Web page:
Regardless of your culture or religious background, believe that there is one true God, and Jesus Christ (Messiah) His only begotten Son. He died on the cross to redeem all men from their sins. He rose from the dead after three days and three nights and now sits in heaven at the right hand of God the Father interceding for His people, and awaiting the day of His return to the earth. Won’t you receive Him today as your Savior, Messiah and Lord of your life?

Pray this prayer and mean it with all your heart:

Dear heavenly Father, I thank you that You sent Jesus Christ to die on the cross for my sins. I repent of my sinful life; please forgive me. I invite Jesus to be my Savior and Lord of my life today. Help me to be the man (or woman) of God You want me to be. Amen.

If you just prayed this prayer, you have now been forgiven of all your sins. Start attending a Bible-believing church regularly where you can continue to grow in your Christian faith. If you need a Bible or other Christian literature, write us and we’ll send it to you absolutely free.

– Luis Josephus

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SCRIPTURE READING:

Matthew 14:22-33

Jesus Walks on the Water

Immediately Jesus made the disciples get into the boat and go on ahead of him to the other side, while he dismissed the crowd. After he had dismissed them, he went up on a mountainside by himself to pray. Later that night, he was there alone, and the boat was already a considerable distance from land, buffeted by the waves because the wind was against it.

Shortly before dawn Jesus went out to them, walking on the lake. 26 When the disciples saw him walking on the lake, they were terrified. “It’s a ghost,” they said, and cried out in fear.

But Jesus immediately said to them: “Take courage! It is I. Don’t be afraid.”

“Lord, if it’s you,” Peter replied, “tell me to come to you on the water.”

“Come,” he said.

Then Peter got down out of the boat, walked on the water and came toward Jesus. But when he saw the wind, he was afraid and, beginning to sink, cried out, “Lord, save me!”

Immediately Jesus reached out his hand and caught him. “You of little faith,” he said, “why did you doubt?”

And when they climbed into the boat, the wind died down. Then those who were in the boat worshiped him, saying, “Truly you are the Son of God.”

jesus_walks_on_water 2


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Faith That Pleases God

faith that pleases GodIf we truly love God with all our hearts, minds and souls, as Jesus commanded us, we will endeavor to please our heavenly Father in every area of our lives – how we speak, how we live our lives, and how we treat others.

However, the greatest way, I believe, we can please God is to acknowledge Him in our hearts and enjoy intimate communion with Him. Wherever we go and whatever we do, we should acknowledge Him in all our ways. The writer of Hebrews tells us:

“And without faith it is impossible to please God, because anyone who comes to Him must [first of all] believe that He exists, and that He will [always] reward those who earnestly seek Him.” – Hebrews 11:6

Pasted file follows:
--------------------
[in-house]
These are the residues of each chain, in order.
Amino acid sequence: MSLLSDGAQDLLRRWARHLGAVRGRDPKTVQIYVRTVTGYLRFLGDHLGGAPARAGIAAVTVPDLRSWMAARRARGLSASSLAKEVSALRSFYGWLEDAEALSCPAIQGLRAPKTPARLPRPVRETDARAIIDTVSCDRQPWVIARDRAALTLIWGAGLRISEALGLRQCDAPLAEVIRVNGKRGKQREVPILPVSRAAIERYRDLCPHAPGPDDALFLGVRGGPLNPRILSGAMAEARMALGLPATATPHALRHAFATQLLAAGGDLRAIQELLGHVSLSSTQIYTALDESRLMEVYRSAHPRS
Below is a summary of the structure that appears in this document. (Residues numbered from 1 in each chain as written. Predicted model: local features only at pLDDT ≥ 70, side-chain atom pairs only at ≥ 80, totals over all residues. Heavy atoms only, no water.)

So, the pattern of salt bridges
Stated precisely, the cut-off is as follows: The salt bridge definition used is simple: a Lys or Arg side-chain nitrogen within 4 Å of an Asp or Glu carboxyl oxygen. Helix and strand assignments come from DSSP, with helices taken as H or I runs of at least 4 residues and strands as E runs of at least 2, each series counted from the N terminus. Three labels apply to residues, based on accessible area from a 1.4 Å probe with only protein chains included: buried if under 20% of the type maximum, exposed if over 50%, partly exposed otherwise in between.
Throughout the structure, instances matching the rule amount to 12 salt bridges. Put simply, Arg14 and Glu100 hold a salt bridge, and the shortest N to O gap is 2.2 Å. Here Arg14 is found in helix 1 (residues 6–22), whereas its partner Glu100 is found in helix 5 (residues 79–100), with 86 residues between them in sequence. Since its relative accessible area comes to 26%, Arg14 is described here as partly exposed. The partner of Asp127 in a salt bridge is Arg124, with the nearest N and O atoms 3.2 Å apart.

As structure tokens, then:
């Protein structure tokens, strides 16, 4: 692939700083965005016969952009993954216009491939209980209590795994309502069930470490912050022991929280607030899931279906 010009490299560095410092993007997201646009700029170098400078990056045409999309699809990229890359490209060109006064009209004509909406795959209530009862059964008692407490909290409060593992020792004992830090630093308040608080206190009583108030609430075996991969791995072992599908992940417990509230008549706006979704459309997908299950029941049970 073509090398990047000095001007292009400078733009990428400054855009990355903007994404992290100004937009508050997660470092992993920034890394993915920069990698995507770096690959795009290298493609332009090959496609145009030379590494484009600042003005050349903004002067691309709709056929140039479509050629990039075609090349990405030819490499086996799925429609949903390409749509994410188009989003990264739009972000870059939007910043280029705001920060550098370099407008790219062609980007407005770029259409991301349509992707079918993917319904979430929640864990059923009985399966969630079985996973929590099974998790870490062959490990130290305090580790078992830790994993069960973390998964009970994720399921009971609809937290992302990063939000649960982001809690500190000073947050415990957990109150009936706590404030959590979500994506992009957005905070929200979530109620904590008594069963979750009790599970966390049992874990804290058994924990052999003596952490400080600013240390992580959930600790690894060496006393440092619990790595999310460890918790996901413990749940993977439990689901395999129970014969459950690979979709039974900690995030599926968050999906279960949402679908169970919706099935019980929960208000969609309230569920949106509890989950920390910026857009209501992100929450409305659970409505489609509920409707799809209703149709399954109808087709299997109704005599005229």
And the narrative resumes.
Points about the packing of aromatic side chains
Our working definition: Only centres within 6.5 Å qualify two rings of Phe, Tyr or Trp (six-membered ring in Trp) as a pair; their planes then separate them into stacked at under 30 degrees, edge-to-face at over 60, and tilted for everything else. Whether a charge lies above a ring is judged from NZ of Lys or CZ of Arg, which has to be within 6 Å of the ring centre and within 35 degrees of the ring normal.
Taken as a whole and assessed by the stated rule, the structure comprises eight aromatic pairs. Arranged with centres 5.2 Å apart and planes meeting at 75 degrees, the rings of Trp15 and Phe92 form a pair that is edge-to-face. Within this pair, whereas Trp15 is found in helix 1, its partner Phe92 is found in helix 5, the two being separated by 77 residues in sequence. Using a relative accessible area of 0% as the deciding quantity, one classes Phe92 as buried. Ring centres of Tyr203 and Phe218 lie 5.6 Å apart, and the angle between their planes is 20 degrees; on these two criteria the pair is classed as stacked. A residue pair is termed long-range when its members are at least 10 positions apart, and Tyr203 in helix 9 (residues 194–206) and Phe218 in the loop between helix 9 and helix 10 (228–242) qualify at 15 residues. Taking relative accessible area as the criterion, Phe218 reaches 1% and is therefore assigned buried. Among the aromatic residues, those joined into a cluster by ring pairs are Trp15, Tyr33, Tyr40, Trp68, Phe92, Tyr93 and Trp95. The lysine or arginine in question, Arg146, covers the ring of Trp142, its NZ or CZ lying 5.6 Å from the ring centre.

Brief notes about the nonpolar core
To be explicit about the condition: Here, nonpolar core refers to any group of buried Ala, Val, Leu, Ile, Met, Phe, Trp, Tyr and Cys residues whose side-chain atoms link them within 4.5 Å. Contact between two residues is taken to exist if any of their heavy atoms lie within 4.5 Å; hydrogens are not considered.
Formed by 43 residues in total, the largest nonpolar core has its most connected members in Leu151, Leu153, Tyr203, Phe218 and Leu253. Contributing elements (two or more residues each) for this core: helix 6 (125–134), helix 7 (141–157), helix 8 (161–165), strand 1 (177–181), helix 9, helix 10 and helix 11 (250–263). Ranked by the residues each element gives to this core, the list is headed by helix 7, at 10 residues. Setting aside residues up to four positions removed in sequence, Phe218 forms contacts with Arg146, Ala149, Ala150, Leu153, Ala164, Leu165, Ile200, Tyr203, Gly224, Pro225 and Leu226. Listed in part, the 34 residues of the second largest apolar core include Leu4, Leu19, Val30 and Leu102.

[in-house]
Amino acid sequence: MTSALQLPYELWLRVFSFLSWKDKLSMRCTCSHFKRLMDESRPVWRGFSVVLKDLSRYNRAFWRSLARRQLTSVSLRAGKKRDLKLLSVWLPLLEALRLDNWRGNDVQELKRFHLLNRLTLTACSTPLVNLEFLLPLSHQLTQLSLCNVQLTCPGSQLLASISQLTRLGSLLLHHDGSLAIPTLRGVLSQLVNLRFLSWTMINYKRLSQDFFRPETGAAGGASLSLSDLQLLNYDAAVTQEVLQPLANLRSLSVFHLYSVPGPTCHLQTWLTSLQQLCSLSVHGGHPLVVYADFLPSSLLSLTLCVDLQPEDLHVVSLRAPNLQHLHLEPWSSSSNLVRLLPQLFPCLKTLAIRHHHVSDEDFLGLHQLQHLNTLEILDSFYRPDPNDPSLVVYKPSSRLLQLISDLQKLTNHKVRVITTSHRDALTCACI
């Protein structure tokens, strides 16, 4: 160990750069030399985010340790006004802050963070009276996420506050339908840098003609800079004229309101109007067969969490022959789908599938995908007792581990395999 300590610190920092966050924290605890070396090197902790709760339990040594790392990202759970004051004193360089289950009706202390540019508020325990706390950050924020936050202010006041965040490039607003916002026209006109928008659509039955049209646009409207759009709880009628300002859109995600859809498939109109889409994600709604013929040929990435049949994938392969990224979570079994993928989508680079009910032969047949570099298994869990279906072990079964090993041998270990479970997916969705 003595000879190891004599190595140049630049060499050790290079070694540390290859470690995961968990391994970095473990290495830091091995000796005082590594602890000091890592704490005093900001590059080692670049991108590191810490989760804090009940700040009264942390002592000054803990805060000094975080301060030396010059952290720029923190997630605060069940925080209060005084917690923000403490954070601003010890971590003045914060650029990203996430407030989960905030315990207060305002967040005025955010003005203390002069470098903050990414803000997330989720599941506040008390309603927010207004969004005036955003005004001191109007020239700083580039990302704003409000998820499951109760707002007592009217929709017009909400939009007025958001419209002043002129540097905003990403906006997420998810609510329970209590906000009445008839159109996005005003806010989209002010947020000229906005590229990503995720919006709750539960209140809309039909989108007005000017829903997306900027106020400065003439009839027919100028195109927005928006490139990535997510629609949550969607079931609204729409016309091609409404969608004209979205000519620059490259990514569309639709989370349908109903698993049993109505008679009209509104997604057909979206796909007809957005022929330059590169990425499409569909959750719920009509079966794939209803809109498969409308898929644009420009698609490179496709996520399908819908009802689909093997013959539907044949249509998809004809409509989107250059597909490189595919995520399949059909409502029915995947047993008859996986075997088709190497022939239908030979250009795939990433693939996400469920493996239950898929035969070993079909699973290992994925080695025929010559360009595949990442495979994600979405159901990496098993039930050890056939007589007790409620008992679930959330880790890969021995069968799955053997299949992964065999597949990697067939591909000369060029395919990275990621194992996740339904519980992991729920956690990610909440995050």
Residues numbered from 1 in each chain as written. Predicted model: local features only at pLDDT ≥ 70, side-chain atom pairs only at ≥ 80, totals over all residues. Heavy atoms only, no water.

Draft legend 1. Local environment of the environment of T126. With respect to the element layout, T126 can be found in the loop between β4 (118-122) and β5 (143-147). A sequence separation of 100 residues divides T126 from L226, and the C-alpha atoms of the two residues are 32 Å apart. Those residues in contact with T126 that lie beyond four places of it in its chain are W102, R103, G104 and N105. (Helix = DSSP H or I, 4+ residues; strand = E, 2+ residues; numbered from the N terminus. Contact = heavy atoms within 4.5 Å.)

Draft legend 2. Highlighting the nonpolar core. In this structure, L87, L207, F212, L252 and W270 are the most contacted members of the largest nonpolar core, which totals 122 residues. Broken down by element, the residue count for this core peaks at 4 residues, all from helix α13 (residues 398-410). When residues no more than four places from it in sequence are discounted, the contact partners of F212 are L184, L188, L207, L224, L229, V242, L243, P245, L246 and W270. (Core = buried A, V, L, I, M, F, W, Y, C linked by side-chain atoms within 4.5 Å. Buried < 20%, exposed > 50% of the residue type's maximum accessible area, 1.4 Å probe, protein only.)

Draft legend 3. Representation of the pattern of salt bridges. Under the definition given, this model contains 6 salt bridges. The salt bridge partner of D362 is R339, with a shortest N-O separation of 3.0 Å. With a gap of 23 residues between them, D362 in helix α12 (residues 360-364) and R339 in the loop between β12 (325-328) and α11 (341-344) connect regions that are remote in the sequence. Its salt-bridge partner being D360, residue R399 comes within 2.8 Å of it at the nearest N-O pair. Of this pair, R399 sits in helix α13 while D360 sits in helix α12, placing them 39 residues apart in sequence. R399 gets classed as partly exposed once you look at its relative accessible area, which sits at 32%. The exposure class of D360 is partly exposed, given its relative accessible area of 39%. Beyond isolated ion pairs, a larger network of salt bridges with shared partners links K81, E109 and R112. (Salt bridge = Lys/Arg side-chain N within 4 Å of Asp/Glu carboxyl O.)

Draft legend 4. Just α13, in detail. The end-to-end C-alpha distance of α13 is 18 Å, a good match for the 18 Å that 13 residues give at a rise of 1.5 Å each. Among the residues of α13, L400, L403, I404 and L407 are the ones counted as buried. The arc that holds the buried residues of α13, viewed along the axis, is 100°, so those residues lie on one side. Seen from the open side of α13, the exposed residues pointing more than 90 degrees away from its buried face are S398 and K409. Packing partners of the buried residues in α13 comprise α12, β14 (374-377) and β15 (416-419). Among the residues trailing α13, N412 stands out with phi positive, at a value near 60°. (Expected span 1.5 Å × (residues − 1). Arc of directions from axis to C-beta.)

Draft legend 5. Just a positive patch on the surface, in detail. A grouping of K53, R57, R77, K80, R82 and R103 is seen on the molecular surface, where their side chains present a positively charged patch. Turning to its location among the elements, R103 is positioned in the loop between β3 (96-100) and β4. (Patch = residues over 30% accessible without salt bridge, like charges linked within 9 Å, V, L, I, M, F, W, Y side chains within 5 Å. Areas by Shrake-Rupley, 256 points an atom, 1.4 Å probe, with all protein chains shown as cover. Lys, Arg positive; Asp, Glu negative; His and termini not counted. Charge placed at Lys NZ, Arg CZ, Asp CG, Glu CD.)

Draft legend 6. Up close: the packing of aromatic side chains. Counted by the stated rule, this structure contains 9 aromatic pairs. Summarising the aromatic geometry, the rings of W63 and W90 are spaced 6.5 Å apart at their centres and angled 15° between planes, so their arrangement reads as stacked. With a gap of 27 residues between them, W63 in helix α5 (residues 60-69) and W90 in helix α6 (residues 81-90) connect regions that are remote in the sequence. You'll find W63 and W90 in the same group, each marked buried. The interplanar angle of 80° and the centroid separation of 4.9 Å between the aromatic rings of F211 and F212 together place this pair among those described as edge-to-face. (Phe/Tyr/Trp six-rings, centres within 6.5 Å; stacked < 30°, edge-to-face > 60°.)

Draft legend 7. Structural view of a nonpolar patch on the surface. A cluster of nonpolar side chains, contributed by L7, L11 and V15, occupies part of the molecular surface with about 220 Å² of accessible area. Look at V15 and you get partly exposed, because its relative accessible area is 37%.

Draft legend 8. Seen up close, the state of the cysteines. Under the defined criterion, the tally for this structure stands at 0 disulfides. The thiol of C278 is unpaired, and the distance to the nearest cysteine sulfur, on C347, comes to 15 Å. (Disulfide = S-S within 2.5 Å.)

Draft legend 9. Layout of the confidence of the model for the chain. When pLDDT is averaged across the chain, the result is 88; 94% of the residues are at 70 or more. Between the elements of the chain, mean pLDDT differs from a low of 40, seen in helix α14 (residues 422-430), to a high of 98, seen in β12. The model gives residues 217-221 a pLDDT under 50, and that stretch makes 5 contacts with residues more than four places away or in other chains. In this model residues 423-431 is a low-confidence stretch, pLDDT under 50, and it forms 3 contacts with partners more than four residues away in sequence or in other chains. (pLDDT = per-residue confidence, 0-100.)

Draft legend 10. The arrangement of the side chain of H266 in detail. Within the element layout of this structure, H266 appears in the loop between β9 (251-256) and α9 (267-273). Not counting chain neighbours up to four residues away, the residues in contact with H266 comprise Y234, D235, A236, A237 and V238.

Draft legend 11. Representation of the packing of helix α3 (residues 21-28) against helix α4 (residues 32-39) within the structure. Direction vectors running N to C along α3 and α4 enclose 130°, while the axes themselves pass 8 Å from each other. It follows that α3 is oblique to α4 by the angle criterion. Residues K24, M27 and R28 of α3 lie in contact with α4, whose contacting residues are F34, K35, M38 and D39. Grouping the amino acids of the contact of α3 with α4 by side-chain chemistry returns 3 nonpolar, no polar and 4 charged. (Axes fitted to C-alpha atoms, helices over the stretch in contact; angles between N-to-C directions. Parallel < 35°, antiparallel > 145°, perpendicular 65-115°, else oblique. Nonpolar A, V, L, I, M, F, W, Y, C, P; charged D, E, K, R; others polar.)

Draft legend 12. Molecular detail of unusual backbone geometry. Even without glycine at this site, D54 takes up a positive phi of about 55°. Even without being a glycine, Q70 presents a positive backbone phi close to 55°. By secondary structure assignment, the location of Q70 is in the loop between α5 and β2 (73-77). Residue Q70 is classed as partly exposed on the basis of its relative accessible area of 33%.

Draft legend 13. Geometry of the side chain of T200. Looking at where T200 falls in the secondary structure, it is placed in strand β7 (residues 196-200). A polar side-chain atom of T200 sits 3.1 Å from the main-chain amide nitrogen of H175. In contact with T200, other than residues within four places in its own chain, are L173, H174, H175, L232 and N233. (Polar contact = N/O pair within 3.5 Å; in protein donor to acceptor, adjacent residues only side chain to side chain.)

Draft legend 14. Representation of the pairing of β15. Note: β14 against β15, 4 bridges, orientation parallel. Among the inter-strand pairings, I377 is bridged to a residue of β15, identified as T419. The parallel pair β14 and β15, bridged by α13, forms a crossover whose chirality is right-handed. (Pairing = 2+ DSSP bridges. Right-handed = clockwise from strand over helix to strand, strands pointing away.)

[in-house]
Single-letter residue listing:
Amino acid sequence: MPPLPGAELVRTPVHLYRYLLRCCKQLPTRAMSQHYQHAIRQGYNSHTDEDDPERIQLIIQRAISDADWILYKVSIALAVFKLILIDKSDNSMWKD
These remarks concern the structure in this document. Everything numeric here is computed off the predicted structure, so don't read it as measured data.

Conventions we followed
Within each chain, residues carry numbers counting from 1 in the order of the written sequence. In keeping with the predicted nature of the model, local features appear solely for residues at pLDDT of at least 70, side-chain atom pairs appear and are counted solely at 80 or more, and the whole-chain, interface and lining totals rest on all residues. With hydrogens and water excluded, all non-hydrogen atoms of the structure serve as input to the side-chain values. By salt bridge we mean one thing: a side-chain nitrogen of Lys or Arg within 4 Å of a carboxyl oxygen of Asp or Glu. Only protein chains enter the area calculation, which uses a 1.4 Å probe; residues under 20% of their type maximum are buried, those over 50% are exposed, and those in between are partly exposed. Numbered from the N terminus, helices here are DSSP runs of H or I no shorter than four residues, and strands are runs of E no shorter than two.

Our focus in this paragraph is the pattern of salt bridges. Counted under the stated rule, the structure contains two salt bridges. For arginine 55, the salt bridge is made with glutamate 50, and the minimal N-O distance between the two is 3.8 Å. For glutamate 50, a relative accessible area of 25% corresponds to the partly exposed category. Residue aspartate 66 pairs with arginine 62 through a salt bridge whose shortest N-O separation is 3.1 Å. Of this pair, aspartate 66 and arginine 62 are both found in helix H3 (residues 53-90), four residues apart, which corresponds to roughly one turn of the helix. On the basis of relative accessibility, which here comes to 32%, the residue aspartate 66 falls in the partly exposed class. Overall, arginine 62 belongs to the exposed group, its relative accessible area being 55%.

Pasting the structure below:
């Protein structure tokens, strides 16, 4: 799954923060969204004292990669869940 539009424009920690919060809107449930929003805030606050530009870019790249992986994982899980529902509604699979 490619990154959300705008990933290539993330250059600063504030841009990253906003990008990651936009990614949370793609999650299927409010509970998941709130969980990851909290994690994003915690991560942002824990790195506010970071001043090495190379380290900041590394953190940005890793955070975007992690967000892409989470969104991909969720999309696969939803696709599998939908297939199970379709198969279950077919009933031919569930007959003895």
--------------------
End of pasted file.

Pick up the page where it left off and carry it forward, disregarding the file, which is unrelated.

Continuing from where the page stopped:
Before we came to saving faith in Jesus Christ, we wandered this earth in uncertainty, restlessness, and sinful choices. We had no lasting peace or joy in our lives, because we didn’t really know the true source of all peace and joy. We were alienated from God, and thereby the most miserable people. Then, one day, we heard the gospel of Jesus Christ for the first time. Our hearts opened up to the good news that God loves us, has a perfect plan for us, and wishes for us to turn our lives back to Him. He would forgive us of our rebellious ways and accept us back into His family – if we would acknowledge our transgressions. Like the story of the Prodigal Son, our heavenly Father would throw a big celebration in heaven on our behalf, in order to rejoice in our return. And He did.

Afterwards, we began living a new life of faith, our sins were washed away. We had peace with God for the first time in our lives. All our doubts and insecurities were dispelled. We now earnestly seek God everyday and trust in His promises through faith. We no longer feel condemned, for there is no condemnation for those who are in Christ Jesus, who live according to the leading of God’s Spirit.

Isn’t wonderful to be saved today? Let us praise and thank our Lord and Savior, Jesus Christ, who made it all possible. Let us continue to walk in the kind of faith that produces a changed life, a hope for eternity with God, and manifests the kind of love in our hearts that will please God and help draw others to Christ.

– Luis Josephus

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www.LuisJosephus.com
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Scripture References:

You will seek Me and find Me when you search for Me with all your heart.” – Jeremiah 29:13

“Therefore being justified by faith, we have peace with God through our Lord Jesus Christ…” – Romans 5”1

“And the peace of God, which transcends all understanding, will guard your hearts and your minds in Christ Jesus.” – Philippians 4:7

“For you are all children of God through faith in Christ Jesus.” – Galatians 3:26

“There is therefore now no condemnation to them which are in Christ Jesus, who walk not after the flesh, but after the Spirit.” – Romans 8:1


 


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Rebuke a Wise Man

A Wise Man_jpg

“Do not correct a fool or he will hate you; correct a wise man and he will appreciate you.” – Proverbs 9:8

Do you love God? I’m sure you do.

Do you love your church pastor?
Ah, maybe you have to think about that question some more. You see, too many Christians do not fully recognize that their local church pastor  or elder is God’s representative and spiritual authority over your life. They have been given the responsibility to look after you…to teach you and disciple you and protect you from straying away from God’s flock or making mistakes that will hurt your relationship with Jesus Christ.